💡 Musings of The Angry Optimist: The power of democracy activism and technology
At the Copenhagen Democracy Summit, I think about how technology can contribute to democracy.
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📱🗳️ Update the 198 methods of non-violent action
I've had the great honor of being a mentor to this year's Democracy Tech Fellows selected by the Alliance of Democracies. Young startup entrepreneurs from Ukraine, Moldova and Georgia.
Here at the Copenhagen Democracy Summit, they've pitched their startups and ideas. Proud as a rooster (that is a weird Swedish saying) I sat there in the audience, clucking contentedly, even though my contribution was minimal.
In my talk to them earlier this year, I recommended Gene Sharp's 198 methods for non-violent action. It's a list of 198 ways to resist dictatorships. Perhaps most famous for this:
18: Displays of flags and symbolic colors
That's where all the color revolutions come from.
The 198 methods were primarily compiled before the internet. Despite this, they're surprisingly relevant, but could be expanded with the technological resources we have today.
One of this year's fellows, Raluca Gindea, wants to create an AI parliament. Here, AI, like ChatGPT, will help summarize and explain legislative proposals and let people vote.
We talked about creating an AI bot that people can ask questions about what's happening in parliament.
When I was developing Warp News' AI bot, WALL-Y, I thought of another kind of AI bot. One that mocks a dictator, like Vladimir Putin. Humor is indeed another important ingredient in resistance.
35. Humorous skits and pranks
A dictator keeps people in check with violence and threats of violence. People get scared. But if you can laugh at the dictator, the fear can ease a bit. It could be a first step to being part of other types of resistance.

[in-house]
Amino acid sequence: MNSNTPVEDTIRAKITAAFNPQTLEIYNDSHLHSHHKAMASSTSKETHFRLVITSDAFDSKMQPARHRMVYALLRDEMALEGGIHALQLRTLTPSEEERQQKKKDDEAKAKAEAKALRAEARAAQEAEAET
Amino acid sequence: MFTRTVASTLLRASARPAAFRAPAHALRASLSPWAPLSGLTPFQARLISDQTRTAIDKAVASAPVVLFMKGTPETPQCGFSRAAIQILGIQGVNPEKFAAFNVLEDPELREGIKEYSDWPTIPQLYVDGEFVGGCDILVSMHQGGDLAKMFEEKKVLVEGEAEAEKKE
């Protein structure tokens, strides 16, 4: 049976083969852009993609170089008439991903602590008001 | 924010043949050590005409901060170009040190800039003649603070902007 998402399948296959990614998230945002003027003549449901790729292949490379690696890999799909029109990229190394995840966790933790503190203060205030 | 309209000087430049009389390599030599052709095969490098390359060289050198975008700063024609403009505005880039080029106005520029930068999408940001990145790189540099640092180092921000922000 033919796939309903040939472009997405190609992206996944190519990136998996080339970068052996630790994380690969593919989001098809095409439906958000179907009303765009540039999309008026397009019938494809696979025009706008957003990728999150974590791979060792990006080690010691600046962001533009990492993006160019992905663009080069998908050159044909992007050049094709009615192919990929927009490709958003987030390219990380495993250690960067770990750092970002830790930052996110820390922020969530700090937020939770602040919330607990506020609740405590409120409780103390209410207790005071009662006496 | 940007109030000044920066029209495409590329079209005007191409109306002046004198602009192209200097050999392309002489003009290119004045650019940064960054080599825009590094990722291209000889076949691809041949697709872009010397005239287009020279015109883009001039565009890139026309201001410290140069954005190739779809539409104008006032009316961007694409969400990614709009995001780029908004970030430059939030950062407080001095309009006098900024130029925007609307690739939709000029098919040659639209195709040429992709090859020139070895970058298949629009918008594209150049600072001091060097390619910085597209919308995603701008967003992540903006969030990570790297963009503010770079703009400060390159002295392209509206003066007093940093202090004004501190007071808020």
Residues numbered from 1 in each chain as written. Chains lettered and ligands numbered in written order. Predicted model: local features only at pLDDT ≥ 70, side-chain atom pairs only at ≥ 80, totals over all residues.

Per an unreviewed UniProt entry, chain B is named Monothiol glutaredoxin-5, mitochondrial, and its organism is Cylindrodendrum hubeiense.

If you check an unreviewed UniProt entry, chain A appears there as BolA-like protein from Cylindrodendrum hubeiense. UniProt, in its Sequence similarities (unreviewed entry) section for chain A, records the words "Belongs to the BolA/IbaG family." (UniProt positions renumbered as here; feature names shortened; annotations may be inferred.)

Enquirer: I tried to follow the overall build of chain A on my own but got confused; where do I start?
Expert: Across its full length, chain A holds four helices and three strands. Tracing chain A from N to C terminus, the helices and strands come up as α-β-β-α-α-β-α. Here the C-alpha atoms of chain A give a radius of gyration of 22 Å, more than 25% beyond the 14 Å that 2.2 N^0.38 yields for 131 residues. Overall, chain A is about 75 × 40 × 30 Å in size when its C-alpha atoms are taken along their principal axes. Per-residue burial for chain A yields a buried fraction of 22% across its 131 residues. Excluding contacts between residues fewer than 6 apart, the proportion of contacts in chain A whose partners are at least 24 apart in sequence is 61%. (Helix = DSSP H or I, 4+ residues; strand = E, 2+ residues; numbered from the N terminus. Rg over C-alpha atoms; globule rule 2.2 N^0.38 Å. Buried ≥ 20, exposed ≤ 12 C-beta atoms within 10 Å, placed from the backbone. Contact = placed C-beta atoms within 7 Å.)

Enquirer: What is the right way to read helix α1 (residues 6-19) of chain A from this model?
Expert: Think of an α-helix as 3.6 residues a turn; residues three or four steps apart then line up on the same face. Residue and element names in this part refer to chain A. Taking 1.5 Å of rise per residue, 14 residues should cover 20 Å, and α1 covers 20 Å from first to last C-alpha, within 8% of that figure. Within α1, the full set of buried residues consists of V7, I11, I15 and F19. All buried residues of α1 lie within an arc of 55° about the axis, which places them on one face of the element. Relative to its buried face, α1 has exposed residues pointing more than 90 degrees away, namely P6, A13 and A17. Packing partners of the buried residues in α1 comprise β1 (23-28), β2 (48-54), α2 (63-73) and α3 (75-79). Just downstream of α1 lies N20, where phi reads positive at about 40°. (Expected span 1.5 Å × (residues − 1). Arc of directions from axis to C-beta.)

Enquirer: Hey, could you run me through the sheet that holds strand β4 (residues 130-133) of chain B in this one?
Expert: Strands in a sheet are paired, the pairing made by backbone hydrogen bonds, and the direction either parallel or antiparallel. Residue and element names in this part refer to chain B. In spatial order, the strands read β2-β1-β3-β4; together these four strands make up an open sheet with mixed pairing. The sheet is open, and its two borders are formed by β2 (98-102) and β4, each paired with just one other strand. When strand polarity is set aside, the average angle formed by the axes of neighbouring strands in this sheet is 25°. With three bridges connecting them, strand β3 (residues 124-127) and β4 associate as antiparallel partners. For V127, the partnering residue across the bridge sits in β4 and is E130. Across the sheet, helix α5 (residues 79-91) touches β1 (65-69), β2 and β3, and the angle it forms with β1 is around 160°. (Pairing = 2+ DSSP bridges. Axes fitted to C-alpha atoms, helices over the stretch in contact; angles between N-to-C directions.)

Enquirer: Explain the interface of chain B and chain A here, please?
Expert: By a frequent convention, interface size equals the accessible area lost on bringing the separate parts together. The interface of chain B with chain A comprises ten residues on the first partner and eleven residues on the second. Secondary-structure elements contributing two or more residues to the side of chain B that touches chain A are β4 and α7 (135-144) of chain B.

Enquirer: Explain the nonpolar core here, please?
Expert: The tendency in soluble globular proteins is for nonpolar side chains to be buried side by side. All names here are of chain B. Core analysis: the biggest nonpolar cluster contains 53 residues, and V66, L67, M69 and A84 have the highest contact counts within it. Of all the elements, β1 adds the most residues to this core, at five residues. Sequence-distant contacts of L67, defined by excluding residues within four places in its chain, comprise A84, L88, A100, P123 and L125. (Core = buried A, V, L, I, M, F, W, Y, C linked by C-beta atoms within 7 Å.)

A big advantage of using technology and digital tools in the fight against dictatorship is that those of us lucky enough to live in a democracy can help. We can create the foolish AI bot Putin together with Russian dissidents.
Please check out my essay on technology and democracy, which I used as a starting point for my talk to the AoD's Tech Fellows.
🤯 The pessimist template
Yann LeCunn is one of three AI godfathers.
He shared the Turing Prize with the now well-known Geoffrey Hinton. Whom Snoop Dogg called "that old dude" who "created AI". Hinton didn't do that, but he was crucial in ensuring that we now have AI based on neural networks.
Yann LeCunn is one of two other "godfathers". However, he is not worried that AI will annihilate humanity. Which he often debates on Twitter.
There, he also formulated a pessimist template that carries a lot of weight.
👿 It's good for children to be bored... or is it?
In the evenings, I read an Alfie Atkins book to my son. The message in it is that it's good to be bored. It's not just there you hear that children are overstimulated. They should sit and be bored more often. And not just children. Even teenagers and adults should be more bored.
But maybe that wouldn't be so good... because this paper shows that being bored leads to an increased risk of sadism!
We demonstrate that sadistic tendencies are more pronounced among people who report chronic proneness to boredom in everyday life.
A long list of the best space books
They've updated the page with technical development.
AI Experts Aren’t Always Right About AI
Tyler Cowen argues that AI risks must be weighed against the risks of missed opportunities, which I among other things brought up in the pause-AI-doomerism-letter.
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